Regen Energy saves power

Regen Energy controller deviceRegen Energy is a Canadian company that uses cloud feedback for energy management. They make a small device about the size of two packs of cards that monitors electricity demand at a single air conditioner or heater, and adjusts the electric use to save energy and money.  It publishes the data to Internet web servers to enable additional savings.  

Regen calls its device a ‘controller,’ and it can connect to any major source of electric demand. Most often, this is an air conditioner or a heating unit, typically next to or on the roof of a building. The device is connected to the electrical power source so that it can measure the amount of power used. It also sits between the thermostat and the heater or cooler so that the device knows when the thermostat demands more heating or cooling. The device can change the thermostat’s signal, delaying or simulating a demand for heating or cooling.

The Regen devices are designed to communicate wirelessly, both to Regen’s Internet servers and to each other. They coordinate with each other so that they don’t all demand electric power at the same time.  (Regen calls this local feedback function “swarm logic“.)  In effect, the controllers delay the demands of some buildings until the other buildings can be satisfied.  Most utilities levy a “peak power” charge on their corporate customers, based on the highest combined demand of the company.  By coordinating power use, the Regen units cut the peak demand and save money on power.

Sample reports of Regen EnergyAll the data is transmitted via a cell phone data network to Regen servers on the Internet.  From there, a website displays it for customers, which offers another way for customers to cut energy costs. They can look at graphs showing how much energy each building uses, and can thereby determine when heating or cooling units need maintenance. They may also discover that some locations are drawing power at times when they shouldn’t (for example a warehouse may be heated all weekend even when no one works there). Regen’s website allows the customer to set schedules and restrict the amount of heating or cooling done during off hours thereby saving more energy.  Regen claims typical cuts in energy costs of 25-30%.  With entry costs as low as $7,200, even small companies can benefit.

Finally, the company promises to add demand response capabilities in the future. Demand response would allow a customer to keep his heating or cooling units off during periods of high electric demand, in response to instructions from the utility. This can earn significant rebates from the utility.

Regen goes a bit further than simple cloud feedback — its “controllers” are more than sensors.  They communicate with each other to coordinate the combined electrical load.  They have a clever “proxy thermostat” that effectively and simply switches an air conditioner or heater on or off.  Regen combines these functions with an easily accessed and extensible Internet service.  The resulting package is simple to install, and can provide energy savings for both small and large companies.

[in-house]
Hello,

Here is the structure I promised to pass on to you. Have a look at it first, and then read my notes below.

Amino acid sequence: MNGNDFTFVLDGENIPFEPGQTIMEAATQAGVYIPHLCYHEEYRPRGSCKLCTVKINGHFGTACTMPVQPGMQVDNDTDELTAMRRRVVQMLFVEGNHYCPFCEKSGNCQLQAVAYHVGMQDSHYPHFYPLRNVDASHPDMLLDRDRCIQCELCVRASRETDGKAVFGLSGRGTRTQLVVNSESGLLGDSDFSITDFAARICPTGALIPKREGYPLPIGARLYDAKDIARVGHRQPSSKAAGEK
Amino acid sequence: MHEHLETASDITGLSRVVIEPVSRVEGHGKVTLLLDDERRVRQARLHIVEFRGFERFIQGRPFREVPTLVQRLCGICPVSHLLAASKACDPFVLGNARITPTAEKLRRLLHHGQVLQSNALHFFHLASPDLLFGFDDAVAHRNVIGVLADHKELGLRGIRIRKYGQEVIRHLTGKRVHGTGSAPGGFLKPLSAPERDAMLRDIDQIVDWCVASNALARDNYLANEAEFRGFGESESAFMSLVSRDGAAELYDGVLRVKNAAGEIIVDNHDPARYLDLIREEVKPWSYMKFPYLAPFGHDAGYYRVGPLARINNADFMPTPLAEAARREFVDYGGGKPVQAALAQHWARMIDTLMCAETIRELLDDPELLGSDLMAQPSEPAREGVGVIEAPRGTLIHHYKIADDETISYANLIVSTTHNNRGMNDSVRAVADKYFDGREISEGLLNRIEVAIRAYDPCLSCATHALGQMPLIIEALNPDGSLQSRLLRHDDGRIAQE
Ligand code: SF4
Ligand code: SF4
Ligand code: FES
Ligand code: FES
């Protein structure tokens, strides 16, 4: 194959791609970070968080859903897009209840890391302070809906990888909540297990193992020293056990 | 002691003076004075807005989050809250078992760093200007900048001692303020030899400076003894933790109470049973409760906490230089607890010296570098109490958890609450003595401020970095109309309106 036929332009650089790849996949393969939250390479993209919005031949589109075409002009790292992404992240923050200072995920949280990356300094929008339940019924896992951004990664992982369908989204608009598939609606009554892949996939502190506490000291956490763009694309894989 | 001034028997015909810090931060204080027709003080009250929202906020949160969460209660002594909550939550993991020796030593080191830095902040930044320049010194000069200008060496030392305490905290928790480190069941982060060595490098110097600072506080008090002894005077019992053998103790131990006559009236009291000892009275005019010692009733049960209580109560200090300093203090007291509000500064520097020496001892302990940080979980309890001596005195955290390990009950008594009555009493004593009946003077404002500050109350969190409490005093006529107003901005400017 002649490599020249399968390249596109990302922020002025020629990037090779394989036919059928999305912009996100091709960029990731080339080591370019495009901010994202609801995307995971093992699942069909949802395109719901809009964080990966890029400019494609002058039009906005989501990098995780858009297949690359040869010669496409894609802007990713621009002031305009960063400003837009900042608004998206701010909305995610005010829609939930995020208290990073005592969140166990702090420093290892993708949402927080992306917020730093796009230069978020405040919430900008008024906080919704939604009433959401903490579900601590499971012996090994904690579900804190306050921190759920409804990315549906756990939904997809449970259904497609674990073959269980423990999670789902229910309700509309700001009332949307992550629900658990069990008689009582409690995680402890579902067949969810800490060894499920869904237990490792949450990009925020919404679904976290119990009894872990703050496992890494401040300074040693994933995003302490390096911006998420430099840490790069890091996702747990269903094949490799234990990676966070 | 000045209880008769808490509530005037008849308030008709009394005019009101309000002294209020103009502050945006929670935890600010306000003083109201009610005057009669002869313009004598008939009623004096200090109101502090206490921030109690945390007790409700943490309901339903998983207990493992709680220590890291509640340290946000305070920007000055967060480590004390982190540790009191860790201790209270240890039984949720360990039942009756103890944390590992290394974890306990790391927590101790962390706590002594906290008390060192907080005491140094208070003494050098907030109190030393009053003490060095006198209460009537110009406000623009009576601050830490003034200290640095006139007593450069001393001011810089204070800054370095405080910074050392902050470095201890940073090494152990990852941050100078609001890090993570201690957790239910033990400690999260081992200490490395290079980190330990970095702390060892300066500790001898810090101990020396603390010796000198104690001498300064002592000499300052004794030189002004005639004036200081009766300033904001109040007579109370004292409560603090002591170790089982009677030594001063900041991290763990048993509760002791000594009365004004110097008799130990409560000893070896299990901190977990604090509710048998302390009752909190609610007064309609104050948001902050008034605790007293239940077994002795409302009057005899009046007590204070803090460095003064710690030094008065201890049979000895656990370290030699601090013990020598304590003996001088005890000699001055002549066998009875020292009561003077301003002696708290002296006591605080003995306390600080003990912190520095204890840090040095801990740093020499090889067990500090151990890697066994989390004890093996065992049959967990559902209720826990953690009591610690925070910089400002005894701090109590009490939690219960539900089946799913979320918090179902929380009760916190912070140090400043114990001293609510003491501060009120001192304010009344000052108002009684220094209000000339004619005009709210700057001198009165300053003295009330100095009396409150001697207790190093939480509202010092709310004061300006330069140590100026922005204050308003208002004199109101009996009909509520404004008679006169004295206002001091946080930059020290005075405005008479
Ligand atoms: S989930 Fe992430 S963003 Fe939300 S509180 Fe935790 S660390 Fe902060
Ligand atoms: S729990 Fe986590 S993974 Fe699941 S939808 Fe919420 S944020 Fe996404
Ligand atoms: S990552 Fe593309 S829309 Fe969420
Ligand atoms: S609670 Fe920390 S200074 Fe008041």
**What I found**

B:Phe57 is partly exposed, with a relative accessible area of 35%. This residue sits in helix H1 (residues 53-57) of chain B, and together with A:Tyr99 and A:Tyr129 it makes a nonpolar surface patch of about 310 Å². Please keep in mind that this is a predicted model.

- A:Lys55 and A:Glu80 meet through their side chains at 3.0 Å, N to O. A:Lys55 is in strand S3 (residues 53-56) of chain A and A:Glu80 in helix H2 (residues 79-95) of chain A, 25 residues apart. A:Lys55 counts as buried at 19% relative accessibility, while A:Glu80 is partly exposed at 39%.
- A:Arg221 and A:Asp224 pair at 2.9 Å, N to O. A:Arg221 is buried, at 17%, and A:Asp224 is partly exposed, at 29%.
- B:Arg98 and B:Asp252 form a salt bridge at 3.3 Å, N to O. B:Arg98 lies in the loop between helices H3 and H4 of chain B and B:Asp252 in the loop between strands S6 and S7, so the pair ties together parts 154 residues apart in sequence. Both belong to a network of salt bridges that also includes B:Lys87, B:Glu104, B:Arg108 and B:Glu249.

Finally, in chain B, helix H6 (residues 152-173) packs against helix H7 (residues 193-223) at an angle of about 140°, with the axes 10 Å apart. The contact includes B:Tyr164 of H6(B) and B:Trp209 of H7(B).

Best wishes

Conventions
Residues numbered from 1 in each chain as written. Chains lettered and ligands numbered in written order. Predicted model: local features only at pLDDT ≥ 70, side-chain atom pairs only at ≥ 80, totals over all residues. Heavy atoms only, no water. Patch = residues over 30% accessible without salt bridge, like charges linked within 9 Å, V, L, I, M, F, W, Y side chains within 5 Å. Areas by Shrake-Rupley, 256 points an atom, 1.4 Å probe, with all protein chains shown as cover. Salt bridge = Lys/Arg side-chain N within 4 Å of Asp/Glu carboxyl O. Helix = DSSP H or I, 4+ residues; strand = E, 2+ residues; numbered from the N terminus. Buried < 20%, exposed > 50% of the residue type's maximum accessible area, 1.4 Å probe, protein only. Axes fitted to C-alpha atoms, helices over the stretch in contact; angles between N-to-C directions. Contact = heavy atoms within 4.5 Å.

(Note: see comments for updates on controller logic and demand response.)

February 16, 2010 · knovak · 2 Comments
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2 Responses

  1. Mark Kerbel - February 17, 2010

    Thanks for taking the time to add our EnviroGrid controller technology to your blog.

    Just a few clarifications: Our swarm logic is used to smooth out the power consumed by loads within a given building, not between buildings. Also, our customers can already enjoy Demand Response benefits through use of our portal, whereby they can “dial down” loads when the grid is stressed and receive financial incentives from their utility to shed load under these circumstances. Last but not least, our controller observes the power consumed by its attached load in order to make decisions (rather than watch any thermostat request signals), making our devices applicable for far more than simply heating and cooling applications, e.g. lighting.

  2. knovak - February 17, 2010

    Thanks for the details, Mark. Glad to hear that the Demand Response already works, by the customer using the portal. I’d be interested to learn how it controls loads other than heating and cooling. Does it have leads that supply a signal to a relay? Or an interface with building automation systems? Or does the user manually use the load information outside the portal?

    Good luck with the controller, it seems a good fit for many medium and small businesses.

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